Dear Reader

Business Development is a complex topic. In such case the questions raised are more important than potential answers. Therefore, this blog will focus on presenting questions. There will be answers, full or partial, to be supplamented by links presented when relevant. The answers from my experience will be clearer once the questions are clearer.

While this is not a discussion forum, readers are invited to comment, and the comments will help determine the topics and current issues to be explained in the future.


Thursday, June 9, 2011

Renewable energies and other myths

While there is an on-going debate about climate change, there is one fact that faces no argument – that fossil fuel is limited by quantity and that we are nearing the end of the reservoirs. Coal will still be available probably up to the end of the century, but it cannot supply all the demand, so if only for this reason, there is a place for renewable energies.
However there are some myths that seem to be a bit misleading and that we should avoid them, when making decisions. Please have a look at the hypothetical example below (if you think that you have seen this somewhere in the world – think again).
A company introduces a novel idea into the market, an electric car, with a special business model. Instead of charging the batteries, the driver will enter a refueling station and replace the batteries when they run down. The station will recharge them at leisure and sell them to the next customer that comes in. The company claims that this will reduce air pollution and especially the carbon emissions. The company sets on a huge public campaign claiming environmental protection as its main purpose, and manages to convince public bodies and ministries to endorse it. Seems like a good idea no?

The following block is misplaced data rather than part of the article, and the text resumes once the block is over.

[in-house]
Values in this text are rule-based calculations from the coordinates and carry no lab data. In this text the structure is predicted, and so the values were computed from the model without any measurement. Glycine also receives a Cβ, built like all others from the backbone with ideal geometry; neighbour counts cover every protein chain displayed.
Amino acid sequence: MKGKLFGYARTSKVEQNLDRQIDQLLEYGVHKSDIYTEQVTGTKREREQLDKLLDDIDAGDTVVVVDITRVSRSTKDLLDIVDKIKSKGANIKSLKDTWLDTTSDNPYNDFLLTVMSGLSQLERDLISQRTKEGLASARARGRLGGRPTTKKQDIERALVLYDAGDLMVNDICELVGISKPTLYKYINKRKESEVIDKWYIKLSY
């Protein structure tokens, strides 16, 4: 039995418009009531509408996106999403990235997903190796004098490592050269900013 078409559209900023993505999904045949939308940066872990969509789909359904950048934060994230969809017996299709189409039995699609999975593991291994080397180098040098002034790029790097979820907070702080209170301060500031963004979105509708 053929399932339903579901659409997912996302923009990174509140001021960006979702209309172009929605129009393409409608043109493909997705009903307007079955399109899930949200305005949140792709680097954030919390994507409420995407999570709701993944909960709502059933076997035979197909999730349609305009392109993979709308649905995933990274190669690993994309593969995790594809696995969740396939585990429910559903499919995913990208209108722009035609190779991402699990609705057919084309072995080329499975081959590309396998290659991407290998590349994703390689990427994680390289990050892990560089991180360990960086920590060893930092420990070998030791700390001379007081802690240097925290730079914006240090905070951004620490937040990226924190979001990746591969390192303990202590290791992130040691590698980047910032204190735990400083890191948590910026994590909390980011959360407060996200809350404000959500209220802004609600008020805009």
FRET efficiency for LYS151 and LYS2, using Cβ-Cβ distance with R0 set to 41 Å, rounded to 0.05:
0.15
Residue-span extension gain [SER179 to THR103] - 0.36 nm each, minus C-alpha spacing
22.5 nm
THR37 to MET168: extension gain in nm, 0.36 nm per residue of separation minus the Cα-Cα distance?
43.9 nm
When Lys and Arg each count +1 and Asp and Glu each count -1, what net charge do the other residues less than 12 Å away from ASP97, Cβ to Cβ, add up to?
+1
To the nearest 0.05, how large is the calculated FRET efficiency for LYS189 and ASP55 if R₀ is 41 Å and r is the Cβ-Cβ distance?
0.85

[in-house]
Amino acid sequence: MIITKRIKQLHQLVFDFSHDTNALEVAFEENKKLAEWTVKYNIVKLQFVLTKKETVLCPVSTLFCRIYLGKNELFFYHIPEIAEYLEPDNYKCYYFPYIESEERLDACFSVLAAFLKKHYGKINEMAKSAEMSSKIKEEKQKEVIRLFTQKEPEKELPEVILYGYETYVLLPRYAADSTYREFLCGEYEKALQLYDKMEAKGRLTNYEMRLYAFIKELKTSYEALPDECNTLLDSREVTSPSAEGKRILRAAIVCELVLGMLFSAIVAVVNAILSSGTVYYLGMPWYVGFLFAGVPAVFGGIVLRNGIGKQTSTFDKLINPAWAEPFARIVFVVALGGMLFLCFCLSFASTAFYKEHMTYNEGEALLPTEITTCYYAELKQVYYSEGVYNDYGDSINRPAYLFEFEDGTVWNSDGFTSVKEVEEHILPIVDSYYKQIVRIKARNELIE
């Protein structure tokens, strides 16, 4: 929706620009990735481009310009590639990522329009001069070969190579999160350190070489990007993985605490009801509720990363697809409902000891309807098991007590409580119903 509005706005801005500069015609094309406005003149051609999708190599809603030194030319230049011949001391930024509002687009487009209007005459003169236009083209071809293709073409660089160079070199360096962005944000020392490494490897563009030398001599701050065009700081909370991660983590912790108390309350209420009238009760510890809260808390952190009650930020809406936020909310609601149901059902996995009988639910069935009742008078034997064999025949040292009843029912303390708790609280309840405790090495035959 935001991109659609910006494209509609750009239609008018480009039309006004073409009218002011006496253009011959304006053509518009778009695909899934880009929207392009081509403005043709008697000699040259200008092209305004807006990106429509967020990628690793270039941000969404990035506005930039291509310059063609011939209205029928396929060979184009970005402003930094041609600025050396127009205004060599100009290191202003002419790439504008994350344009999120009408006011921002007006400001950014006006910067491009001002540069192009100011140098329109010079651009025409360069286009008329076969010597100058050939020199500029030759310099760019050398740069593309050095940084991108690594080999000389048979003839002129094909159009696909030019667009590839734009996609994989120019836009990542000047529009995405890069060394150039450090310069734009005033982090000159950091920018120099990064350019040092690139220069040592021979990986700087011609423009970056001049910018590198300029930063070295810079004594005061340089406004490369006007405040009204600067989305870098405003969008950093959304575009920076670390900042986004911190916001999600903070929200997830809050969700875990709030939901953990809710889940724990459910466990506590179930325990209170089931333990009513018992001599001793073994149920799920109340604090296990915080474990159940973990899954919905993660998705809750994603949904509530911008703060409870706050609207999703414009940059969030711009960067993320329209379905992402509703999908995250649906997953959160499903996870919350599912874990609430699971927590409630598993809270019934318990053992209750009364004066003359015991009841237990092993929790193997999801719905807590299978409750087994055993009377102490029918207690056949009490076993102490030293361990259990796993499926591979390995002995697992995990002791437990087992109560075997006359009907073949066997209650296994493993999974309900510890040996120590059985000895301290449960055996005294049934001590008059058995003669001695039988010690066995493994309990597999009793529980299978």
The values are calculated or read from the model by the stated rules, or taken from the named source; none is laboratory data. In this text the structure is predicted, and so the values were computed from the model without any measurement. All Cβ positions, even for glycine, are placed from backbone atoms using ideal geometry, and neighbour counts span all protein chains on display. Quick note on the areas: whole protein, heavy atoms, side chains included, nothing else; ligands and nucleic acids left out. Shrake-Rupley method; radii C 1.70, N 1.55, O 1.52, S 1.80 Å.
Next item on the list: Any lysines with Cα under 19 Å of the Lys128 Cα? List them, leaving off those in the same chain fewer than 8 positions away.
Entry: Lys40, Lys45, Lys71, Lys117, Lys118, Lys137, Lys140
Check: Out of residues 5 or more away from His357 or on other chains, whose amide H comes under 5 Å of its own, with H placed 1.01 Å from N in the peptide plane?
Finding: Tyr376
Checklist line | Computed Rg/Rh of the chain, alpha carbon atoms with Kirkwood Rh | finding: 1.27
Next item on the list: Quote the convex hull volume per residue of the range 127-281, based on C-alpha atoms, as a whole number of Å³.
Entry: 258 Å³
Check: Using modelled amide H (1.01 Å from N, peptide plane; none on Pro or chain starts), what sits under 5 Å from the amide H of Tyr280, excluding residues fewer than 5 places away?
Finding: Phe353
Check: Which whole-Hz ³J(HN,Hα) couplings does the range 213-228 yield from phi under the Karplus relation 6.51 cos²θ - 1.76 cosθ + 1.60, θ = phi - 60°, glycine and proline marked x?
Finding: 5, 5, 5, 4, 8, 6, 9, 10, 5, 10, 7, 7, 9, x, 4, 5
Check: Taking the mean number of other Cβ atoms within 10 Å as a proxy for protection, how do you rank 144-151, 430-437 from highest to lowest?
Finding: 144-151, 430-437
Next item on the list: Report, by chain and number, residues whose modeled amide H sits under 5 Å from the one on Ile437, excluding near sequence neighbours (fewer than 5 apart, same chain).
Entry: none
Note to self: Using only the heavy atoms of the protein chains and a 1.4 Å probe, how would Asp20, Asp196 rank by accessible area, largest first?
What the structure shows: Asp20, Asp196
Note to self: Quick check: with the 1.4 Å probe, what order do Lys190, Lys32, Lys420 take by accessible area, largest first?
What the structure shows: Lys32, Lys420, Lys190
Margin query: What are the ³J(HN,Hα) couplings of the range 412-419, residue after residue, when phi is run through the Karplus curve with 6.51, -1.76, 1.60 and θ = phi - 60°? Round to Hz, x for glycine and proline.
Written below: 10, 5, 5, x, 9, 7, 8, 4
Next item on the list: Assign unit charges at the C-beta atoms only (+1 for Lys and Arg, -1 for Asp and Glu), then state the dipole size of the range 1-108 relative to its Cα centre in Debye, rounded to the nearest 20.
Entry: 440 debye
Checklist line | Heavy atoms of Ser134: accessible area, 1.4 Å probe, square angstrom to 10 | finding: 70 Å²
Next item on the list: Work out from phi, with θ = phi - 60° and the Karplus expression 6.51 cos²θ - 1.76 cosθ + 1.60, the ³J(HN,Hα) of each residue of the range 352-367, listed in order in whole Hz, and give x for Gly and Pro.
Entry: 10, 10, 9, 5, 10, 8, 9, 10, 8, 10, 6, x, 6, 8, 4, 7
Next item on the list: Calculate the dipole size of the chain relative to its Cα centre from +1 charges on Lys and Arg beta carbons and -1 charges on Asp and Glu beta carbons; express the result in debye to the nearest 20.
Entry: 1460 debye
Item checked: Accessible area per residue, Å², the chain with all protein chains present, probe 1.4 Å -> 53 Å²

Not so fast. Where does the charging electricity come from?
It comes from the grid. That is the key point for understanding the relevance of the scheme to the environment. If the electricity produced in the example country is mostly clean and low on carbon emission such as: hydro-power, geothermal-power or even nuclear (is that really environmentally friendly?) powered, than it would seem that the move from fossil fuel driven cars to electricity cars is smart. Since these technologies for power production are also relatively cheap (on the fuel side at least) it will also help keep the electricity cost down, it will reduce the fossil fuel import, and probably have in addition to the environment, a positive impact on the economy.
But what if the power produced is from renewable sources? If that is so, than it will probably reduce the emissions and the fuel import, but as the power production from renewable sources (solar, wind) is more expansive, it may drive the price of electricity to the general public up, and this may complicate the economic impact analysis.
There is one more problematic possibility, that the power supplied to the grid is almost entirely based on fossil fuel (including coal). Here we probably get a negative impact of the project. Due to efficiency issues it is more efficient (less fuel consumed per Km) to burn the fuel in the car than burn it to produce electricity (one set of efficiency losses) and then convert the electricity into movement (second set of efficiency losses). In fact, in such a situation we may be burning MORE fuel than originally – MORE pollution, MORE emissions.
There is little data about the situation in the sample above, but the fact that the company has not claimed in its publications, adds and other media that there will be a reduction in fuel import, one could tend to believe that we are dealing with the third case.